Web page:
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(Probably not) Precambrian Volvox

A new(ish) paper in National Science Review evaluates the evidence for various interpretations of Ediacaran microfossils from the Weng’an biota in South China (Xiao et al. 2014. The Weng’an biota and the Ediacaran radiation of multicellular eukaryotes. Natl. Sci. Rev., 1:498–520.). I recommend checking it out; it’s open access, and there’s a lot of interesting stuff in there that I’m not going to address.

These fossils are undoubtedly multicellular, probably eukaryotic, and extremely enigmatic. Their age (582-600 million years) means they could have important implications for the evolution of multicellularity, and their exceptional preservation in great numbers creates the potential for reconstructing their life cycles in great detail. Some of the Weng’an fossils have been interpreted as volvocine algae, an interpretation that I find highly unlikely.

Some of the Weng’an fossils are thought to represent red algae, and this would not be terribly surprising, since red algae have been around for at least 1.2 billion years. Others, for example the tubular fossils, are more problematic, with interpretations as diverse as cyanobacteria, eukaryotic algae, crinoids, and cnidarians.

Fig. 8 from Xiao et al. 2014

Figure 8 from Xiao et al. 2014: Schematic diagram showing diagnostic features of the five recognized species of tubular microfossils in the Weng’an biota.

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Evolution of eusociality

Last month, two papers on the evolution of eusociality were published in high-profile journals: one by Karen M. Kapheim and colleagues in Science, the other by Sandra M. Rehan and Amy L. Toth in Trends in Ecology & Evolution (TREE). Social and eusocial insects are an attractive system for studying major transitions, sharing some of the key features that make the volvocine algae so good for this purpose: multiple, independent origins of traits thought to be important to the transition and extant species with intermediate levels of sociality. These features make the social insects, like the volvocine algae, well-suited for comparative studies.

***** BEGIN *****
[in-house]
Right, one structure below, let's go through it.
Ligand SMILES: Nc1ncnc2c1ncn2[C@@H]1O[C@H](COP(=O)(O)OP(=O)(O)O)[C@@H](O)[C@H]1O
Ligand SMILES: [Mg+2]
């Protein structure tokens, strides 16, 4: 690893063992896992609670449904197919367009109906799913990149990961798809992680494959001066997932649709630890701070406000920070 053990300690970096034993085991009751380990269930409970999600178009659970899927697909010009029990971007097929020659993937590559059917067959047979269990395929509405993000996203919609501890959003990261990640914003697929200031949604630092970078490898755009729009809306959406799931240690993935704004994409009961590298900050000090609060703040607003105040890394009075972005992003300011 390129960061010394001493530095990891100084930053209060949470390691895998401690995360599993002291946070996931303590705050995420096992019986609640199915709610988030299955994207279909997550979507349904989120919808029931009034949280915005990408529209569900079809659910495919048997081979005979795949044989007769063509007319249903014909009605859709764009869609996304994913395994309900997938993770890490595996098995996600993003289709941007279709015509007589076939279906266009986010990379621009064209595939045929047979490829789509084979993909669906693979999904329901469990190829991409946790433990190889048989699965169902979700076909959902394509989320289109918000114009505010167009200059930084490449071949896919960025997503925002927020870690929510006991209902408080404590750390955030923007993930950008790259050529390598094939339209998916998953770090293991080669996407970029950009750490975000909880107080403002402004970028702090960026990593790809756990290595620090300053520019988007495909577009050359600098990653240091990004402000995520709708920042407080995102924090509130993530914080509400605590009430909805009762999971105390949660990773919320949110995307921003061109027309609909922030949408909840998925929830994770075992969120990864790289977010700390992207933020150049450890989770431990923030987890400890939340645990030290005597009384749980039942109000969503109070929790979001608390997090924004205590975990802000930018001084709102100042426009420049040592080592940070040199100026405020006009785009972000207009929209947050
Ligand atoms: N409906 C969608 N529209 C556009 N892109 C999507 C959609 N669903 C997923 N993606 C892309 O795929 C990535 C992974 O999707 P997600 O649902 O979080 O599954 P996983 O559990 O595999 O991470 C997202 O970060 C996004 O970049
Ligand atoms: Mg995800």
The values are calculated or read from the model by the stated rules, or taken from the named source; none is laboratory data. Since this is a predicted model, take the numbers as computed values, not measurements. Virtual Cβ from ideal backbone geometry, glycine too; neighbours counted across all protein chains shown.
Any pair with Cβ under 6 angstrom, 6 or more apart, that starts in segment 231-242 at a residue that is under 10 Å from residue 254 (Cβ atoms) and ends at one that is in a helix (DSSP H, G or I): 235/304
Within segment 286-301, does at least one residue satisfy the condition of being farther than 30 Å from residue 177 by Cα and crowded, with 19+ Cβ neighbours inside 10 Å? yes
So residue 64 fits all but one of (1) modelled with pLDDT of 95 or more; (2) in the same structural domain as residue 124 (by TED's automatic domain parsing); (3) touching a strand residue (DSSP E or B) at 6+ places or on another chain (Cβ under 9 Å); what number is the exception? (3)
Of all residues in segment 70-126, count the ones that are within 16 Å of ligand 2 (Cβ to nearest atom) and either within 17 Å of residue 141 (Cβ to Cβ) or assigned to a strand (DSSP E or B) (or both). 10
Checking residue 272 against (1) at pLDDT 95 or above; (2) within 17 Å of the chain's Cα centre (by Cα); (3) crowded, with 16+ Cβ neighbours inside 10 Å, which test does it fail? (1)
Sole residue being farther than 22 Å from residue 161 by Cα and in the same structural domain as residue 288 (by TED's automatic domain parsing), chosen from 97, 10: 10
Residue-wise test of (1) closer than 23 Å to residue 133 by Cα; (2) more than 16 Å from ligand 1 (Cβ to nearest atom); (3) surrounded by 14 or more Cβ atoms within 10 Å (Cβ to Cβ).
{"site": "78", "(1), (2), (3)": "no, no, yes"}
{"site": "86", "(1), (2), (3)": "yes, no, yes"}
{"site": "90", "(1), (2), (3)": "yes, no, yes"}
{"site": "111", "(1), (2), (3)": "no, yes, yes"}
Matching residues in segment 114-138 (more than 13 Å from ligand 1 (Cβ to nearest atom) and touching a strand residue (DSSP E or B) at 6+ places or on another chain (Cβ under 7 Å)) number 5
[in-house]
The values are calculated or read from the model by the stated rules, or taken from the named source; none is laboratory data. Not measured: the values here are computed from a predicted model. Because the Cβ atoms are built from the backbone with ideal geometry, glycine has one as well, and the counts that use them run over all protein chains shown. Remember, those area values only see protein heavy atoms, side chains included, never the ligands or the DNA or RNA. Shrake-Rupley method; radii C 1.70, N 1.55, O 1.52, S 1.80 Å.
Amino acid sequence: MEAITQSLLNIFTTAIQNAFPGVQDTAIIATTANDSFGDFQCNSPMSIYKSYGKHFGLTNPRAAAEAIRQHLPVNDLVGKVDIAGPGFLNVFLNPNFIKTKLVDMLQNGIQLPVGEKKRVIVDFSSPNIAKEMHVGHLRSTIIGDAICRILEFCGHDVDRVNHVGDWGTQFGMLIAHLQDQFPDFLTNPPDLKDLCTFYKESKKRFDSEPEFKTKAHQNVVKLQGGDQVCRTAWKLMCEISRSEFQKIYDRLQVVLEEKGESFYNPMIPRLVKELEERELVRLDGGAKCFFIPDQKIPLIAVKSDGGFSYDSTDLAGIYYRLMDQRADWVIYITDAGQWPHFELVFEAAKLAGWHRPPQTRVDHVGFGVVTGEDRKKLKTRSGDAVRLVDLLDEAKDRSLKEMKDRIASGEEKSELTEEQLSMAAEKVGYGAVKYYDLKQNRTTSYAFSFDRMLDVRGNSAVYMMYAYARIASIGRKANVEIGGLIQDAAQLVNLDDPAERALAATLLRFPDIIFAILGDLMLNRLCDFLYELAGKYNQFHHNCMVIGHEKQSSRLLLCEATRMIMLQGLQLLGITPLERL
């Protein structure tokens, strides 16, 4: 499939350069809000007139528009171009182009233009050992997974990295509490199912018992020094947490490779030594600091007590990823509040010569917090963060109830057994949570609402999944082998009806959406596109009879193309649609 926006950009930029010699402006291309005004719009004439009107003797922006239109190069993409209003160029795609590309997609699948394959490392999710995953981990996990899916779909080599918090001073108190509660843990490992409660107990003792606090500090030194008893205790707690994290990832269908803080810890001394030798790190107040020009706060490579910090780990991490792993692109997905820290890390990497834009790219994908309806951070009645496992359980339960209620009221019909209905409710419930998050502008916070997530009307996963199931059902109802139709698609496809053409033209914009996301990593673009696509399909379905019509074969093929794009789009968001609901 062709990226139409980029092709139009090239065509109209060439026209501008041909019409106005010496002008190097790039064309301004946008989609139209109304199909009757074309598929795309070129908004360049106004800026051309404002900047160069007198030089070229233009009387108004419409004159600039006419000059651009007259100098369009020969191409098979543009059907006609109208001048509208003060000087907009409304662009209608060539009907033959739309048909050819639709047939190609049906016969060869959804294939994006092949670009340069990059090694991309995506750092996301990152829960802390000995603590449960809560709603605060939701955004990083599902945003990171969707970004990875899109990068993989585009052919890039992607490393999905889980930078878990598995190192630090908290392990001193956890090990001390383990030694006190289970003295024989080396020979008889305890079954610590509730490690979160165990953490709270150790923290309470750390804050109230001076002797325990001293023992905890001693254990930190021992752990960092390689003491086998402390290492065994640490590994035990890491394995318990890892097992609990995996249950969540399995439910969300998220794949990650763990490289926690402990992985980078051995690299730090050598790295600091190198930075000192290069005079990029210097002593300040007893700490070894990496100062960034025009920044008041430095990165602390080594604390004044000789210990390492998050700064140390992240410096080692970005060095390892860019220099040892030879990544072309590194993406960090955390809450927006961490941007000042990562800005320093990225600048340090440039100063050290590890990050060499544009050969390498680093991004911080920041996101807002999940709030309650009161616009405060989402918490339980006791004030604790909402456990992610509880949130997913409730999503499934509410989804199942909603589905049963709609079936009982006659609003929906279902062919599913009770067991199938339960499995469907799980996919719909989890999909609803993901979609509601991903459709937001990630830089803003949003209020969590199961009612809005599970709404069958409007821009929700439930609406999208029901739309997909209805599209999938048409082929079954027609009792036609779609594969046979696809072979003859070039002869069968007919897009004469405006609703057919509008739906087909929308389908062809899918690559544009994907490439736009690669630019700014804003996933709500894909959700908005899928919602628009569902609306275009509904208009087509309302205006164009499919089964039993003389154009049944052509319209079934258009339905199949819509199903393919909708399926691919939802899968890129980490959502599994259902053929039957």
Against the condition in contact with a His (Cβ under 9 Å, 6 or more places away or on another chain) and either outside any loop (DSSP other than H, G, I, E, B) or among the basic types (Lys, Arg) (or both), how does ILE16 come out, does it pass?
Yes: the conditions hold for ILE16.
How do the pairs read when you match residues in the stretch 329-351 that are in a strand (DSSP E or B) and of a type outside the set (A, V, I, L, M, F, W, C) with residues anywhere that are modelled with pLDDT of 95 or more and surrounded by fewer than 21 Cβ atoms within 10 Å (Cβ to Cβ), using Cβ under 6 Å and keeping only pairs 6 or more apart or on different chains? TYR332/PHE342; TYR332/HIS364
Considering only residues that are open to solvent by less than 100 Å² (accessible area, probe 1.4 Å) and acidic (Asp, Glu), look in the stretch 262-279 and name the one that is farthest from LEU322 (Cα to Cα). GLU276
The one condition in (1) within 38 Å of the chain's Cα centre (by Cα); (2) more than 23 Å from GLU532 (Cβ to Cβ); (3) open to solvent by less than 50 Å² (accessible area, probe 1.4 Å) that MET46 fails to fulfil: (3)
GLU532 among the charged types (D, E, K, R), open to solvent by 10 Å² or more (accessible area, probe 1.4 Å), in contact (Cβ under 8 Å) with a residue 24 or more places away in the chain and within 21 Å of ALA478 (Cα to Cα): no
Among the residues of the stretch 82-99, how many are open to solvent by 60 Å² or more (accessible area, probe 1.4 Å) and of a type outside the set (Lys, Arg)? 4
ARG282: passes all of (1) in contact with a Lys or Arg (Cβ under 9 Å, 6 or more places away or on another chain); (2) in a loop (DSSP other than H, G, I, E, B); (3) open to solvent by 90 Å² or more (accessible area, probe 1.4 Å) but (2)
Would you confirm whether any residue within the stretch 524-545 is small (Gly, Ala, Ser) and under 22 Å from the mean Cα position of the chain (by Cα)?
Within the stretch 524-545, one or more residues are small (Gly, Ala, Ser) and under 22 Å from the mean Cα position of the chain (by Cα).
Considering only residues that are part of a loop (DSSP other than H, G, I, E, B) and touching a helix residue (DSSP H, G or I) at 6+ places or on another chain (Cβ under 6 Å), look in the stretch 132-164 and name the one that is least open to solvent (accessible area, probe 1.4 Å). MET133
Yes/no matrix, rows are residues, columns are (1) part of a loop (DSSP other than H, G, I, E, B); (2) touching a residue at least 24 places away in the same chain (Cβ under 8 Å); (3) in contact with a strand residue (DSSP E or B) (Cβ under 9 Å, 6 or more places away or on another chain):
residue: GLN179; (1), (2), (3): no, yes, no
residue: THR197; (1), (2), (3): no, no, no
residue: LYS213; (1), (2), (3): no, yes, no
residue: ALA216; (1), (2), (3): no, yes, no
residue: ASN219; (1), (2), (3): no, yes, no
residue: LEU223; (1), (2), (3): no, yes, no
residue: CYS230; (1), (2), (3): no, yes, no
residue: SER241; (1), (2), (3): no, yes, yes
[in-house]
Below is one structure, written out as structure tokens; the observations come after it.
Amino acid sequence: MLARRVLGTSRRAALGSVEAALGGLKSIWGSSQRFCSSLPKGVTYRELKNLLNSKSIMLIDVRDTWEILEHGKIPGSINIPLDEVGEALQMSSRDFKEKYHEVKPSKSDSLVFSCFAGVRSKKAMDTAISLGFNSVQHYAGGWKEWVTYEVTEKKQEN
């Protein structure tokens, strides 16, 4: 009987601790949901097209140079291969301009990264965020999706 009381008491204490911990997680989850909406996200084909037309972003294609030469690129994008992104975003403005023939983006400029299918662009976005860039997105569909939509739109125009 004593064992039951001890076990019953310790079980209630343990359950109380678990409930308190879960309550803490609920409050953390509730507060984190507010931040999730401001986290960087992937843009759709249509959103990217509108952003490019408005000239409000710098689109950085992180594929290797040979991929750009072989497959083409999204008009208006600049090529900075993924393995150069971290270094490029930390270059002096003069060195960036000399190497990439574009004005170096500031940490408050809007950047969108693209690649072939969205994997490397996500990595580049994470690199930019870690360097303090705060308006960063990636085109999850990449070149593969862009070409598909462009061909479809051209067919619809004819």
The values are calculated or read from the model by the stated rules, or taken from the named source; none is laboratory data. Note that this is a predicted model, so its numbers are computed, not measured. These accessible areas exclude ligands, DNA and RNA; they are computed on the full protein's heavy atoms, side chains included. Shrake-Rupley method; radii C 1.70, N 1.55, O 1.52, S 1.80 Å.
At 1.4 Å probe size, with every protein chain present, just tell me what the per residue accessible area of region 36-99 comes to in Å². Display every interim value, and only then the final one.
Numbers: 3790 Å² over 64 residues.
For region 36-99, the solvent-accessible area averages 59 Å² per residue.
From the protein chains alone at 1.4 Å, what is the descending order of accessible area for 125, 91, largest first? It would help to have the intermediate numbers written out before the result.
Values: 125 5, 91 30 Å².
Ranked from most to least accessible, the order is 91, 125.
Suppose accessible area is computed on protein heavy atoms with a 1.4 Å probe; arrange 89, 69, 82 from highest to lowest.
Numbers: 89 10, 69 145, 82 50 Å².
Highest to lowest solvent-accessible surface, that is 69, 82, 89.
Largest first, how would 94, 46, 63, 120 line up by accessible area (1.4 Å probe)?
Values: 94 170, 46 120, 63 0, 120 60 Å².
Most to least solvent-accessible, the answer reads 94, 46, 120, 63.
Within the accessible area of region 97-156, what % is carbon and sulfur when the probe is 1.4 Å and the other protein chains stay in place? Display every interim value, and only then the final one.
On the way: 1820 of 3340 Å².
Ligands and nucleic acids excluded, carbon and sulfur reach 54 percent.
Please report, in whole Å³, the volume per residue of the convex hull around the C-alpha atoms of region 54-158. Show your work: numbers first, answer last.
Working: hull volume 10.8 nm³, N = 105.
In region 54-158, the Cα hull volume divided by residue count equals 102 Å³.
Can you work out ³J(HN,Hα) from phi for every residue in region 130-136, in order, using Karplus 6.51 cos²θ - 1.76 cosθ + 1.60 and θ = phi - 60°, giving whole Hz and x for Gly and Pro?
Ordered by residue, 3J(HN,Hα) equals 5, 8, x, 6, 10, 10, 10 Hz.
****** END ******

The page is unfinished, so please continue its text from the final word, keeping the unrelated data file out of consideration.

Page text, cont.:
Figure 1 from Rehan & Toth: (A) Overview of phylogeny of aculeate Hymenoptera (with the nonhymenopteran but eusocial termites as an outgroup), highlighting independent origins of sociality (colored branches), groups with species ranging from solitary to primitively social (green), primitively social to advanced eusocial (orange), solitary to advanced eusocial (blue), and all species advanced eusocial (grey). (B) The full range of the solitary to eusocial spectrum (blue) and predictions of which genomic mechanisms are hypothesized to operate at different transitional stages of social evolution (broken arrows).

Figure 1 from Rehan & Toth: (A) Overview of phylogeny of aculeate Hymenoptera (with the nonhymenopteran but eusocial termites as an outgroup), highlighting independent origins of sociality (colored branches), groups with species ranging from solitary to primitively social (green), primitively social to advanced eusocial (orange), solitary to advanced eusocial (blue), and all species advanced eusocial (grey). (B) The full range of the solitary to eusocial spectrum (blue) and predictions of which genomic mechanisms are hypothesized to operate at different transitional stages of social evolution (broken arrows).

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An Ode to Unicellularity

Biosphere 2

Biosphere 2, the site of the First International Volvox Meeting in 2011.

This year’s Volvox meeting, as with the previous two, will feature an image/video/arts competition. Erik Hanschen, a graduate student in the Michod lab, has kindly granted me permission to post the winning entry in the poetry contest at the first Volvox meeting: a sonnet in honor of Chlamydomonas.

An Ode to Unicellularity – Erik Hanschen